The key thing to remember here is that conditions in 2013 were very unusual compared to the overall trend the Arctic has seen the last few decades. In fact, the authors point out that the cool conditions and fewer melting days observed in 2013 were more typical of conditions observed during the late 1990s. This means what happened in 2013 was an anomaly — an effect that is significantly different than the conditions that are usually observed. When looking at graphs that show changes in Arctic sea ice over the course of the last few decades, there’s still a definite downward trend.

“These people are not making any claim that we’re going to have some big recovery [in sea ice],” says Mark Serreze, director of the National Snow and Ice Data Center (who was not involved with the paper), adding that decreasing trends in the sea ice mean we’re still eventually heading toward a seasonally ice-free Arctic ocean. “But it’s going to occur in fits and starts because the sea ice is highly variable — we’re going to go up some years, down in others.”

Serreze does have some criticism for the paper. This study shows that “sea ice thickness, like extent, is highly variable,” he says. “Now, we’ve already known that it’s highly variable … So it’s really not saying anything new there.” He also has some concerns about the basic methods the researchers used to compute changes in sea ice volume, arguing that they made some “suspect assumptions” about certain important factors that could affect their calculations, like the thickness of snow cover on the ice.

However, Tilling argues that the study offers new information because most data up until now have only looked at sea ice extent — the area the ice covers in the Arctic — and not sea ice volume, or thickness. She says this is the first study to actually measure sea ice volume, rather than get that information from models. “Sea ice is complex —  it doesn’t just grow in area, it grows in thickness,” she says. “To see what’s really happening, you need to look beneath the surface.” And she adds that she and her colleagues performed mathematical tests to see how much these questions about the snow load could affect their results and concluded that “it wasn’t a significant source of uncertainty.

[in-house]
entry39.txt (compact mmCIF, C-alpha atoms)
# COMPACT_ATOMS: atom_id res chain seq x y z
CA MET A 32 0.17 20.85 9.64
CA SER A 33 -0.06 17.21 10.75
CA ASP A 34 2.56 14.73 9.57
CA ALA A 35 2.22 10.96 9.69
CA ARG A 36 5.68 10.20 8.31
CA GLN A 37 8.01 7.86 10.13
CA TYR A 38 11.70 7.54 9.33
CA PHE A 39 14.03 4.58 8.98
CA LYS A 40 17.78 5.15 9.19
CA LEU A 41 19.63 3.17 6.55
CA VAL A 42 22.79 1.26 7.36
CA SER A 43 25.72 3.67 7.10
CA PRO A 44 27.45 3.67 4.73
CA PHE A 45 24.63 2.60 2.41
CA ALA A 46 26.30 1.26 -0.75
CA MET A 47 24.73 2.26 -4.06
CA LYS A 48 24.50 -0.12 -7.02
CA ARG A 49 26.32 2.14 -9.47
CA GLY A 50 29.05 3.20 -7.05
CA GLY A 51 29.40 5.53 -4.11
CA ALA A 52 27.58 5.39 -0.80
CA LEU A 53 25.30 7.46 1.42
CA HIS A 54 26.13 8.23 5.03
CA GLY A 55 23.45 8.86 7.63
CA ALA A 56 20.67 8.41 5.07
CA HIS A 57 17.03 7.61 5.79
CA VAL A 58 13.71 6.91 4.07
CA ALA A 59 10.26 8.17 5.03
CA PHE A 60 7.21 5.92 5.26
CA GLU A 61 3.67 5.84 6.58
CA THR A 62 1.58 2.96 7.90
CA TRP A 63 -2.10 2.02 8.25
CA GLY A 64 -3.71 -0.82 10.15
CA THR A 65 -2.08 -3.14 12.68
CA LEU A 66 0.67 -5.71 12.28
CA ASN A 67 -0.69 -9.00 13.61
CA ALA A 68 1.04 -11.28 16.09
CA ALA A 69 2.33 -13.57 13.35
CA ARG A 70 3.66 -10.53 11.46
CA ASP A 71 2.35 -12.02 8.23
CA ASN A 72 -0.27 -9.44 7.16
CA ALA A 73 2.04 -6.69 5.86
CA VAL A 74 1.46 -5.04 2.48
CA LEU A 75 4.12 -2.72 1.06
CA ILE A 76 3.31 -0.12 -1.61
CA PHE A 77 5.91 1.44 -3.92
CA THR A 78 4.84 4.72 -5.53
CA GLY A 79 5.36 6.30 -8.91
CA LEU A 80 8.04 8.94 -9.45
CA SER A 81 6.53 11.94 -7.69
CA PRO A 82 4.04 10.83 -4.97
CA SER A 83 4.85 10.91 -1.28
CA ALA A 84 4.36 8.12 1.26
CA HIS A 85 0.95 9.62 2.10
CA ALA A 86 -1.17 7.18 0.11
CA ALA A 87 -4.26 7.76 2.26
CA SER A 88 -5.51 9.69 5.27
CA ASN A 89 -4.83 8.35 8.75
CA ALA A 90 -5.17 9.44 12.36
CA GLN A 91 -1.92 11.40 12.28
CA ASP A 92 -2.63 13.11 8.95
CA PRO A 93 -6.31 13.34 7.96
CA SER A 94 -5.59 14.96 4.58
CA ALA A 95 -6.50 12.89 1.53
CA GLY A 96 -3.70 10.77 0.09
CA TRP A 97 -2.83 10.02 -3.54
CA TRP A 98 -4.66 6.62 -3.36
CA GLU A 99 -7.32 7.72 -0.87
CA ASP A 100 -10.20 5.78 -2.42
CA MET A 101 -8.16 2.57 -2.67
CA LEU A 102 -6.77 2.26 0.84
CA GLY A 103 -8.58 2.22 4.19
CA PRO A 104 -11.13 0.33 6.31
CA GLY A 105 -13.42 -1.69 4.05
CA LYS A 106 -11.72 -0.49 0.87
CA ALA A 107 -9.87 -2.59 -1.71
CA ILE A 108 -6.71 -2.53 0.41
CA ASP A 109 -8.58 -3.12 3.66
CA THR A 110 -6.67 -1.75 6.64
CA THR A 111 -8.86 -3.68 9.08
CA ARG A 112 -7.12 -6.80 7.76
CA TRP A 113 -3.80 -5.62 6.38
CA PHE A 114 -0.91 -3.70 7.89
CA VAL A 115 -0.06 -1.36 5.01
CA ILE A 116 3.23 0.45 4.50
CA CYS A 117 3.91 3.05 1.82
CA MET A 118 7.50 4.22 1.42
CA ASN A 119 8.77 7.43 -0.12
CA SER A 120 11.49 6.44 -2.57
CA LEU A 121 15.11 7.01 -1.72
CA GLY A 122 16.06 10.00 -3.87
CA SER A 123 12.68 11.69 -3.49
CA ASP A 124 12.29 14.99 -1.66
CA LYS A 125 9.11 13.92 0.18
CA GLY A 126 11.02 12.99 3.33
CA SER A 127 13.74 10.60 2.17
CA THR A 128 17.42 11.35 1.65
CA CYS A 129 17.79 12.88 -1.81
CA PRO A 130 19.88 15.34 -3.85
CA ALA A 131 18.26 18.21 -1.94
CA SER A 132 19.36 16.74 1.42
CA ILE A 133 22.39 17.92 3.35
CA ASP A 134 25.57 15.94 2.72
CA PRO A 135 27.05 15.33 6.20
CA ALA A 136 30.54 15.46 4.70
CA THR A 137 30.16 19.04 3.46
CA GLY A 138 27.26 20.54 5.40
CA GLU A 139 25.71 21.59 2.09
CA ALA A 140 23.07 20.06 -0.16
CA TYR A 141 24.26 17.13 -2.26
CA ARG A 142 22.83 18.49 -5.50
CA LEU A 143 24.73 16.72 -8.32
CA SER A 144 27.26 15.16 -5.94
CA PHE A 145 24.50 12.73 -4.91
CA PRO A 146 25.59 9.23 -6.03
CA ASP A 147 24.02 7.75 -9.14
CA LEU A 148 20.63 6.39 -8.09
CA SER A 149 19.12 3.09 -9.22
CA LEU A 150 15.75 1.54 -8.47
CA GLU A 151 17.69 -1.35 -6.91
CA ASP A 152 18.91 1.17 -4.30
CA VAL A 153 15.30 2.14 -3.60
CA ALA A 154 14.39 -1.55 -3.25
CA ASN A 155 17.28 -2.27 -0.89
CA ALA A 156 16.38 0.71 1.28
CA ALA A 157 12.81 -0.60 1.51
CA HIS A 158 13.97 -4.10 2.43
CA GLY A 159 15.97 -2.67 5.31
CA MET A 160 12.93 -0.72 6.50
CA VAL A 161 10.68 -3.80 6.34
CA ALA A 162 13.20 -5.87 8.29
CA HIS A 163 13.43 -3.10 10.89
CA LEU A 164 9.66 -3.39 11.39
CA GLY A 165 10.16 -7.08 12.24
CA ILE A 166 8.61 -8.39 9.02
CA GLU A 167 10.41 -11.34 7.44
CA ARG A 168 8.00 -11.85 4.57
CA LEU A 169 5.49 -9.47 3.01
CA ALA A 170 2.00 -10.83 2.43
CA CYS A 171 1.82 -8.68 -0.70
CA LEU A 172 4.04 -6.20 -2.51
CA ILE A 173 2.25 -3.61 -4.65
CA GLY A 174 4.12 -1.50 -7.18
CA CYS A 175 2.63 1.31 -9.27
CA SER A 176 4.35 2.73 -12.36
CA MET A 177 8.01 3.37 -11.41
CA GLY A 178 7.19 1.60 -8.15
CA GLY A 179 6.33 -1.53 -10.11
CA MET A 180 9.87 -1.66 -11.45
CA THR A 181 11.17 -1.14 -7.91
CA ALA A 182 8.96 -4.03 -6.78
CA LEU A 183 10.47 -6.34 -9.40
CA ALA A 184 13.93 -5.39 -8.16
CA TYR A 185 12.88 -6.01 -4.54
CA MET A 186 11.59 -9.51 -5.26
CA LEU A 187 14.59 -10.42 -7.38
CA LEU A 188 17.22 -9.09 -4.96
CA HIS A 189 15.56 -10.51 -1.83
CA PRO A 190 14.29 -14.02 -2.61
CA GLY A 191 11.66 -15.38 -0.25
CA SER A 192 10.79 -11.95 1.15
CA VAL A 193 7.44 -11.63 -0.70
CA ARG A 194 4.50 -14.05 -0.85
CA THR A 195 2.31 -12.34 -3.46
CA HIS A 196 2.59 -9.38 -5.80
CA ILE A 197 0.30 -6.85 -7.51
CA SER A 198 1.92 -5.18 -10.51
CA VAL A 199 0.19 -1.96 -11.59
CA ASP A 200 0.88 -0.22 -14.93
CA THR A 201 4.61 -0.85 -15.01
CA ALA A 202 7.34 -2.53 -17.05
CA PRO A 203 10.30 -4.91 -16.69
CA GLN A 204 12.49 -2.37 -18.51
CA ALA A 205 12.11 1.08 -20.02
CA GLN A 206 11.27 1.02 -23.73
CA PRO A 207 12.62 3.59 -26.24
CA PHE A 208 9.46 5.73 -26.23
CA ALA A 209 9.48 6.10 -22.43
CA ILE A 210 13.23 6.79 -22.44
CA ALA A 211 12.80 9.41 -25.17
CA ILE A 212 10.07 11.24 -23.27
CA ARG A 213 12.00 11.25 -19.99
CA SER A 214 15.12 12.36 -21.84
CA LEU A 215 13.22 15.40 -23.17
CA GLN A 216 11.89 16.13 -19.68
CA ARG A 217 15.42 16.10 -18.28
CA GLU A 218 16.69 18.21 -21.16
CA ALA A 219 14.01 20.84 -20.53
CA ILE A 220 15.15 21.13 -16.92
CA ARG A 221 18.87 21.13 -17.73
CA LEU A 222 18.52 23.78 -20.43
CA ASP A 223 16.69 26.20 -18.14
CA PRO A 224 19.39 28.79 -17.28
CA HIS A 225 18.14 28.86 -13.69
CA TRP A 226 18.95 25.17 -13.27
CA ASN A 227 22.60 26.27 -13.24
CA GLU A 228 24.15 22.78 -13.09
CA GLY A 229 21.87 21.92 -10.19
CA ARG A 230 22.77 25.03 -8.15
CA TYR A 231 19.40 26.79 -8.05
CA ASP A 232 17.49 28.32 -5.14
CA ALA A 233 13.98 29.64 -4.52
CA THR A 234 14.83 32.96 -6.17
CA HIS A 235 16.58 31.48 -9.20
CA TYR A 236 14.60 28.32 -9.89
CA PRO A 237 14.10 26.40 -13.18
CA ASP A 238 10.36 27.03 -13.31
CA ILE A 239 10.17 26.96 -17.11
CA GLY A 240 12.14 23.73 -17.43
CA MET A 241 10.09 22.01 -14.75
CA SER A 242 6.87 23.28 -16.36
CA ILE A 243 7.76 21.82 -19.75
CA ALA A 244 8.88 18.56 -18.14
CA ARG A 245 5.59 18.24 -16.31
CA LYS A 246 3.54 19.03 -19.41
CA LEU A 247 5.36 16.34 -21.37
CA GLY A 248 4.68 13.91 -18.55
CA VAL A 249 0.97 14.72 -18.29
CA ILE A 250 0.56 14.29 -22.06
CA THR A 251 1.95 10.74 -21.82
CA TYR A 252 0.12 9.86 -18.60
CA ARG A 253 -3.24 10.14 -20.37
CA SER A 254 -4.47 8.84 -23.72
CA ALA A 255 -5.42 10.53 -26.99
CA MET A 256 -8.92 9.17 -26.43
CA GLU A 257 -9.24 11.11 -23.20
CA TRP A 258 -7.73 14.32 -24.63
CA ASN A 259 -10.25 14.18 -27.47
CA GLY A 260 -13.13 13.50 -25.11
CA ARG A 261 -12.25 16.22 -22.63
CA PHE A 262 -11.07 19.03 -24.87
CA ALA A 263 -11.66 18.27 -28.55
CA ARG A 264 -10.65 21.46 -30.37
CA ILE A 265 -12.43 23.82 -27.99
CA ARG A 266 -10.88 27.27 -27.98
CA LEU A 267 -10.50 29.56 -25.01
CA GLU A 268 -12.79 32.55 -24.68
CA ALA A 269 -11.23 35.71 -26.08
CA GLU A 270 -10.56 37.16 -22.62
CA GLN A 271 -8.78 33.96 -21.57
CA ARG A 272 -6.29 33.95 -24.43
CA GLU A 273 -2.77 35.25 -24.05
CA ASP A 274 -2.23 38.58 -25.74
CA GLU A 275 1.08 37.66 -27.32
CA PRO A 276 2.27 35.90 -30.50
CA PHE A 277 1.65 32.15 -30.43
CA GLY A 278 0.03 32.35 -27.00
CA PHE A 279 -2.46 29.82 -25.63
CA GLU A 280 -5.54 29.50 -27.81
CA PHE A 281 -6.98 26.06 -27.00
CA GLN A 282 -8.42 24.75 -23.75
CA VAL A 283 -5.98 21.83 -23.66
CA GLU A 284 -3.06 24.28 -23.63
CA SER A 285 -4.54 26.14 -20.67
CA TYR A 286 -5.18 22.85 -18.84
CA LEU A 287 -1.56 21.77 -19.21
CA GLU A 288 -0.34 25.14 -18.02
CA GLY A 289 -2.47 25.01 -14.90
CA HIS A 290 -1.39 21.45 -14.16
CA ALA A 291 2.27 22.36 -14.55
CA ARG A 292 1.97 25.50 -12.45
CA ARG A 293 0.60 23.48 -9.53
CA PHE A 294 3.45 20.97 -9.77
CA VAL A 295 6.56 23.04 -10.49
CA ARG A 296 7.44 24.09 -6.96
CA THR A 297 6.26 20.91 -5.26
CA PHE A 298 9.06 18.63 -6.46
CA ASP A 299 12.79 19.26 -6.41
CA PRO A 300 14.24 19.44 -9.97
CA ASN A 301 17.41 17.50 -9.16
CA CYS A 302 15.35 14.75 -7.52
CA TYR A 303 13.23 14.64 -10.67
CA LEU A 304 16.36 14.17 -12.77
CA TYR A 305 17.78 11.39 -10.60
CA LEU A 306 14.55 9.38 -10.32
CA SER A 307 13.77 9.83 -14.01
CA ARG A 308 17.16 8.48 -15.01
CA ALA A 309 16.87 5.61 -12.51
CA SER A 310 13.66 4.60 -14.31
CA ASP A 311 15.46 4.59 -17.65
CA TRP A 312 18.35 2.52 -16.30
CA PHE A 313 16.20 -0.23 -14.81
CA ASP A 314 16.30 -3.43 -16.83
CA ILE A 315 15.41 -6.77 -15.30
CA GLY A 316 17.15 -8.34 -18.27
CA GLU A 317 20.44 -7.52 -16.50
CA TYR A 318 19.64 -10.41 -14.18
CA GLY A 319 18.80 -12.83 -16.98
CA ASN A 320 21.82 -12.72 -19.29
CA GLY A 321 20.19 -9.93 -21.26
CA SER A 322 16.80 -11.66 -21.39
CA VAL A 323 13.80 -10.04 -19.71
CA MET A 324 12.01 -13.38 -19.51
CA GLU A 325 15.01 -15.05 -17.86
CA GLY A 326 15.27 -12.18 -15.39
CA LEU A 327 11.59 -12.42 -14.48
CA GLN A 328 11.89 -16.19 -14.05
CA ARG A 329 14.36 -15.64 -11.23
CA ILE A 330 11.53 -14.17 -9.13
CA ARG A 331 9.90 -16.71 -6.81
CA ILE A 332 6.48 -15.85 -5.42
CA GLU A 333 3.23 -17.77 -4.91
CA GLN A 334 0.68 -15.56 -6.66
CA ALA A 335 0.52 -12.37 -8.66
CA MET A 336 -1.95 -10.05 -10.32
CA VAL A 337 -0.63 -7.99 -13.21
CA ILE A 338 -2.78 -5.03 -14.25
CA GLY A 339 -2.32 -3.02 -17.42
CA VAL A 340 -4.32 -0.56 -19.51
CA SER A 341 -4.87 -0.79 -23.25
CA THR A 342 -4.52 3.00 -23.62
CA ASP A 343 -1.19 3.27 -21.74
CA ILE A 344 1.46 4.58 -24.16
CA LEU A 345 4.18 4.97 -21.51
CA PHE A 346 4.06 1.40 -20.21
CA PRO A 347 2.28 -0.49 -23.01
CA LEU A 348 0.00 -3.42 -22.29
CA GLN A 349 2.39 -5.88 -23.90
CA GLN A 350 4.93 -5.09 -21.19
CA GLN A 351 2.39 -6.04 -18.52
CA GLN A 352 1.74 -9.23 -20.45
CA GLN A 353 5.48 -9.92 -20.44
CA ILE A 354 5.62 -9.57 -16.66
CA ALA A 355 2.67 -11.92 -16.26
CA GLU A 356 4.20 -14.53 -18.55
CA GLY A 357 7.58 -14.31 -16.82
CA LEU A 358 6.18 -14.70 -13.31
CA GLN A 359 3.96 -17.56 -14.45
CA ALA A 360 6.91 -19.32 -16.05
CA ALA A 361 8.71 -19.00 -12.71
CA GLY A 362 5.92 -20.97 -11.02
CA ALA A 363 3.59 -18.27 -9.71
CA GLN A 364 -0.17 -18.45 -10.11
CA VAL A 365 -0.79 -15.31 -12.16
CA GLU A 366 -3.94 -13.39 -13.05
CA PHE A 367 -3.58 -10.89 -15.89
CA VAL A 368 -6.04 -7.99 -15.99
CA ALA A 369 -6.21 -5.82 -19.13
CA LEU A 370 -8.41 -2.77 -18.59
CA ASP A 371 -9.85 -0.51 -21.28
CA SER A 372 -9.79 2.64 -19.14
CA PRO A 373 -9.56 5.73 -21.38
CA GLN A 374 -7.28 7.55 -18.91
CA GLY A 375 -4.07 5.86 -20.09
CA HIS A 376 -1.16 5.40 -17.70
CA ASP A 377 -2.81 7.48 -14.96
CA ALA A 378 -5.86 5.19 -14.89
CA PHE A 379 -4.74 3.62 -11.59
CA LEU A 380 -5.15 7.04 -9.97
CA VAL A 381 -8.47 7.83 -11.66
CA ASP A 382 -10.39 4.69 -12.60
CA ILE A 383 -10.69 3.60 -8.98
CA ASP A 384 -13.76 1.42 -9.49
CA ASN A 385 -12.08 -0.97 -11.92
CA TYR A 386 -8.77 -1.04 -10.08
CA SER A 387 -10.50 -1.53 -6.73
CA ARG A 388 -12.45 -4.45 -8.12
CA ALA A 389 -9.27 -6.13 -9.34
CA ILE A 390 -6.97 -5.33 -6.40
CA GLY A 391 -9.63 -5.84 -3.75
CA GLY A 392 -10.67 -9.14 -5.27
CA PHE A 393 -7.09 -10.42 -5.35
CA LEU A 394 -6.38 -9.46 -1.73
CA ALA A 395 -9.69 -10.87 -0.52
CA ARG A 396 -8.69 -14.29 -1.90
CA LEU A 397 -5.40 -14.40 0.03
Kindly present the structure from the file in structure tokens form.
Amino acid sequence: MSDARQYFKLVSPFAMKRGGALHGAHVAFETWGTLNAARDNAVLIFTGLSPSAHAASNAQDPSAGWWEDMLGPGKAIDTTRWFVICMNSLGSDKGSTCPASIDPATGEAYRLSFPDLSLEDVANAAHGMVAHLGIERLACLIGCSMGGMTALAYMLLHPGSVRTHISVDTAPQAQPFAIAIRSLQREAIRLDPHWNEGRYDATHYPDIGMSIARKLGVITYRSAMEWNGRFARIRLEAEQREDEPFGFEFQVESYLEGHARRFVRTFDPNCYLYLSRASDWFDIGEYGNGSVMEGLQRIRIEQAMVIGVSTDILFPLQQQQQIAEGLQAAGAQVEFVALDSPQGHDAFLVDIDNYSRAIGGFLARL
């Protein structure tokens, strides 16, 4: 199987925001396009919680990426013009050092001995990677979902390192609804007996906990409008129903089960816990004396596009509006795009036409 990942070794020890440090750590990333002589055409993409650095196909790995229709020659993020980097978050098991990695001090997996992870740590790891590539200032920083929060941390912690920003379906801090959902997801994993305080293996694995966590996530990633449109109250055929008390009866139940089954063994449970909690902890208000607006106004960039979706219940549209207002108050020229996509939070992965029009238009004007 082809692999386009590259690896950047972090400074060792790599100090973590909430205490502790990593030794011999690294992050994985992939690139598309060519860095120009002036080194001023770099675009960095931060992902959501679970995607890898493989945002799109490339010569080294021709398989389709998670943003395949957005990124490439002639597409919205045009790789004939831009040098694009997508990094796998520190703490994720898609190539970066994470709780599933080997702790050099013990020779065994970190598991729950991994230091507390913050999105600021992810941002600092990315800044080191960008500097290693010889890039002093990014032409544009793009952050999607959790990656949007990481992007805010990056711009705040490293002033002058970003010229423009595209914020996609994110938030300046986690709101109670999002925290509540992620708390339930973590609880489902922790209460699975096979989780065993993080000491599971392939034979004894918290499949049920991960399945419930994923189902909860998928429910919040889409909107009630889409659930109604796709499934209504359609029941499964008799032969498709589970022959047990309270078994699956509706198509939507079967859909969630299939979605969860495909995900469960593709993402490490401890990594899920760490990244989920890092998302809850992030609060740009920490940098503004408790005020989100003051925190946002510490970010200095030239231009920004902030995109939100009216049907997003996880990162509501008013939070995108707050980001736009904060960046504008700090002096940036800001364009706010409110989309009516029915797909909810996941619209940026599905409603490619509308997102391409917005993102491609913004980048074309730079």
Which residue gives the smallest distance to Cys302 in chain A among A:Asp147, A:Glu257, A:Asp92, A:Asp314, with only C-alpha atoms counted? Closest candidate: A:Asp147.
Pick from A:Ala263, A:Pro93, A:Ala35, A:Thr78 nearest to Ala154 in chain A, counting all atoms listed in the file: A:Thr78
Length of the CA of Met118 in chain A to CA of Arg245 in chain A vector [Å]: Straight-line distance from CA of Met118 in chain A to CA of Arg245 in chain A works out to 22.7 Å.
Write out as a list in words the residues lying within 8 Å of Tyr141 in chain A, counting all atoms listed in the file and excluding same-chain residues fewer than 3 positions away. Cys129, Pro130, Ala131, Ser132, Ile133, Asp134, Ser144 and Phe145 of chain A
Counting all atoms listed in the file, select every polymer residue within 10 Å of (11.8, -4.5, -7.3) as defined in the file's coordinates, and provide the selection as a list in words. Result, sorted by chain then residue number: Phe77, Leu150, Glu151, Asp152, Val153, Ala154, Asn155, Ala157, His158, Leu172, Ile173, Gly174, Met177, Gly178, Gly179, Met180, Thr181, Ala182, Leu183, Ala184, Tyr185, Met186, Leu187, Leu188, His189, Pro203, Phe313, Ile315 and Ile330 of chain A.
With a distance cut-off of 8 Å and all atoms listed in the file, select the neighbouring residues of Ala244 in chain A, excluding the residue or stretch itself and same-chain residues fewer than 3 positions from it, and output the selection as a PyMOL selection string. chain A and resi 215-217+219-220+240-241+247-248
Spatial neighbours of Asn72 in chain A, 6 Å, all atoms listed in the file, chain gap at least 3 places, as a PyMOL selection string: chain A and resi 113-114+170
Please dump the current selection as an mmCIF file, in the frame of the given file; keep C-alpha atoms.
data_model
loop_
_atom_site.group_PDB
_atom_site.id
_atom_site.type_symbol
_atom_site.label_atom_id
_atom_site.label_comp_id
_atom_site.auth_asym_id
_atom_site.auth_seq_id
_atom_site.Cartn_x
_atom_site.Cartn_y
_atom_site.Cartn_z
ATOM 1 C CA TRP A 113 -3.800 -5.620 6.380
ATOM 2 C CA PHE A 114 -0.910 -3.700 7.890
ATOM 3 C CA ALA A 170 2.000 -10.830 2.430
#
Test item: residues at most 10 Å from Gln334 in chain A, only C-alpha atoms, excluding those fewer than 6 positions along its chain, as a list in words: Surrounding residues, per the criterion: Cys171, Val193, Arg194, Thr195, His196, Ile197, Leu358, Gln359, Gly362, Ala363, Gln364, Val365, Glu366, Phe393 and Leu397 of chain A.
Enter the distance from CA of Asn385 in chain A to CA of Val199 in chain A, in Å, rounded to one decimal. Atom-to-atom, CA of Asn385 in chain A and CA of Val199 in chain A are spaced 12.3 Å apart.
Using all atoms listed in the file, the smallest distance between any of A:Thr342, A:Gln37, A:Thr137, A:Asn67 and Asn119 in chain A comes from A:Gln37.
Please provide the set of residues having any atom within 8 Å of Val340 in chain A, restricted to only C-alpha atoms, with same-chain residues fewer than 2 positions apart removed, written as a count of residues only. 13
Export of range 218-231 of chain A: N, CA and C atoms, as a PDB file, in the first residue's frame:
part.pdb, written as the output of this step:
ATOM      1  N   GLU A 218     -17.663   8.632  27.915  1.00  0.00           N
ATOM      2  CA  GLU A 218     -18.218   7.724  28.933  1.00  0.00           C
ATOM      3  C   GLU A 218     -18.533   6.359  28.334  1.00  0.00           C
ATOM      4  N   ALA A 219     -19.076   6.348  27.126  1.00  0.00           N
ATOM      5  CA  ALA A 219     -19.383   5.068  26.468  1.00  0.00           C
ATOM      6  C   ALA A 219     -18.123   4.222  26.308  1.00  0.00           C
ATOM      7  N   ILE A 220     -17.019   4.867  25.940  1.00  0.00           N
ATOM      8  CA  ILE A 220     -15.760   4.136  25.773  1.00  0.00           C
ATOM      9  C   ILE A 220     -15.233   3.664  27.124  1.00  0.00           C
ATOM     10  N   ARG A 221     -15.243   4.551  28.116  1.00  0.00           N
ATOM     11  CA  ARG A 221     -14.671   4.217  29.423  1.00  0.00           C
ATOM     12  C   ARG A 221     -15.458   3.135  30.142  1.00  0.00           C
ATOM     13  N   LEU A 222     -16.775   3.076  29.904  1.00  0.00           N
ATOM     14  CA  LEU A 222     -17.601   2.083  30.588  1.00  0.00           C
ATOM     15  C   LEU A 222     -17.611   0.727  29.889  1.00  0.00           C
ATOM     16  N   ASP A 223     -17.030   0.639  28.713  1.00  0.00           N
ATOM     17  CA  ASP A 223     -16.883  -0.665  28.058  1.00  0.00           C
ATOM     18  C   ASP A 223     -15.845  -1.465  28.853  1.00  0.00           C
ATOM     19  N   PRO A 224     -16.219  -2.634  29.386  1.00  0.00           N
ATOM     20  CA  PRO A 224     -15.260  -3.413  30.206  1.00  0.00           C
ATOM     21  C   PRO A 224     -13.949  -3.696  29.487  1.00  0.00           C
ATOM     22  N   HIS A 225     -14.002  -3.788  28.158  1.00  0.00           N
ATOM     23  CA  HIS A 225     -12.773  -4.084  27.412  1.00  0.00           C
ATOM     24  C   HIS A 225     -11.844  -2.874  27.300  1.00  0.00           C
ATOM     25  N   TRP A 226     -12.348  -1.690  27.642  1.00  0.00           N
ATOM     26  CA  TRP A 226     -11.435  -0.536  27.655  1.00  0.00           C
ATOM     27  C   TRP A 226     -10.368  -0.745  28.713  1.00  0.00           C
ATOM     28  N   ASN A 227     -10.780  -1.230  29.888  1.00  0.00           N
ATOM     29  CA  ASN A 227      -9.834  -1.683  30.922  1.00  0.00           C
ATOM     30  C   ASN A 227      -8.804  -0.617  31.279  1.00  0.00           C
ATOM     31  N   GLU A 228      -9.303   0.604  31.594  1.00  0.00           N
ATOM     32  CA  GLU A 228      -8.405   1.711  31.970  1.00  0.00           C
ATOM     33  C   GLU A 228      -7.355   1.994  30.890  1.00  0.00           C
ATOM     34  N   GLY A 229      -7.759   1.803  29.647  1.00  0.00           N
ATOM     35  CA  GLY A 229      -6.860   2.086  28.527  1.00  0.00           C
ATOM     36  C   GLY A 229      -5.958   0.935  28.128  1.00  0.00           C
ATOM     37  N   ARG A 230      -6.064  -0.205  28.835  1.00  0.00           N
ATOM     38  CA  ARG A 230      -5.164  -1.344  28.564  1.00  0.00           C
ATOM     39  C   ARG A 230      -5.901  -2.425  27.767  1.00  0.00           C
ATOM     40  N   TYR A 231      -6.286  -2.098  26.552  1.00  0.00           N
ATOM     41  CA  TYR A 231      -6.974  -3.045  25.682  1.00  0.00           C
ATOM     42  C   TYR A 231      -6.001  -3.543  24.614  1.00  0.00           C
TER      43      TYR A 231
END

“We do not want to suggest that this is a recovery in the long term,” Tilling cautions. “If you look at the long-term temperature trend in the Arctic, it’s upward, and if you look at the long-term volume trend, it’s downward. If temperatures continue to rise, volume is going to continue to decrease.”

No, Arctic sea ice is not going to be okay

 

Note that the research is not without criticism. Mark Serreze argues that suspect assumptions were made about important factors such as the thickness of snow cover on the ice.

Remember the airborne ice nucleation and its effects on the CryoSat readings that depend upon the difference in height between surface ice and open water? Combine this with the revelation that the two lead scientists on the CryoSat study most probably were assassinated and it is not surprising, that a doctoral student in charge of the new study, has made an about turn.

she and her colleagues performed mathematical tests to see how much these questions about the snow load could affect their results and concluded that “it wasn’t a significant source of uncertainty

Of course, “mathematical teststrump actual observations every time! How could questions on snow load, not factor significantly in a study on ice volume?

Tilling even makes the same claim made by Laxon and Giles, that this study is the first to measure Arctic ice volume, only they claimed it revealed a dramatic decline whilst she claims it revealed a dramatic incline. However, she does concede that the overall trend is downward.

This lends further support to the speculation that Laxon and Giles were being “encouraged” to fudge the results on Arctic ice volume to supplement the deception carried out by Icebridge and ice nucleation on ice extent.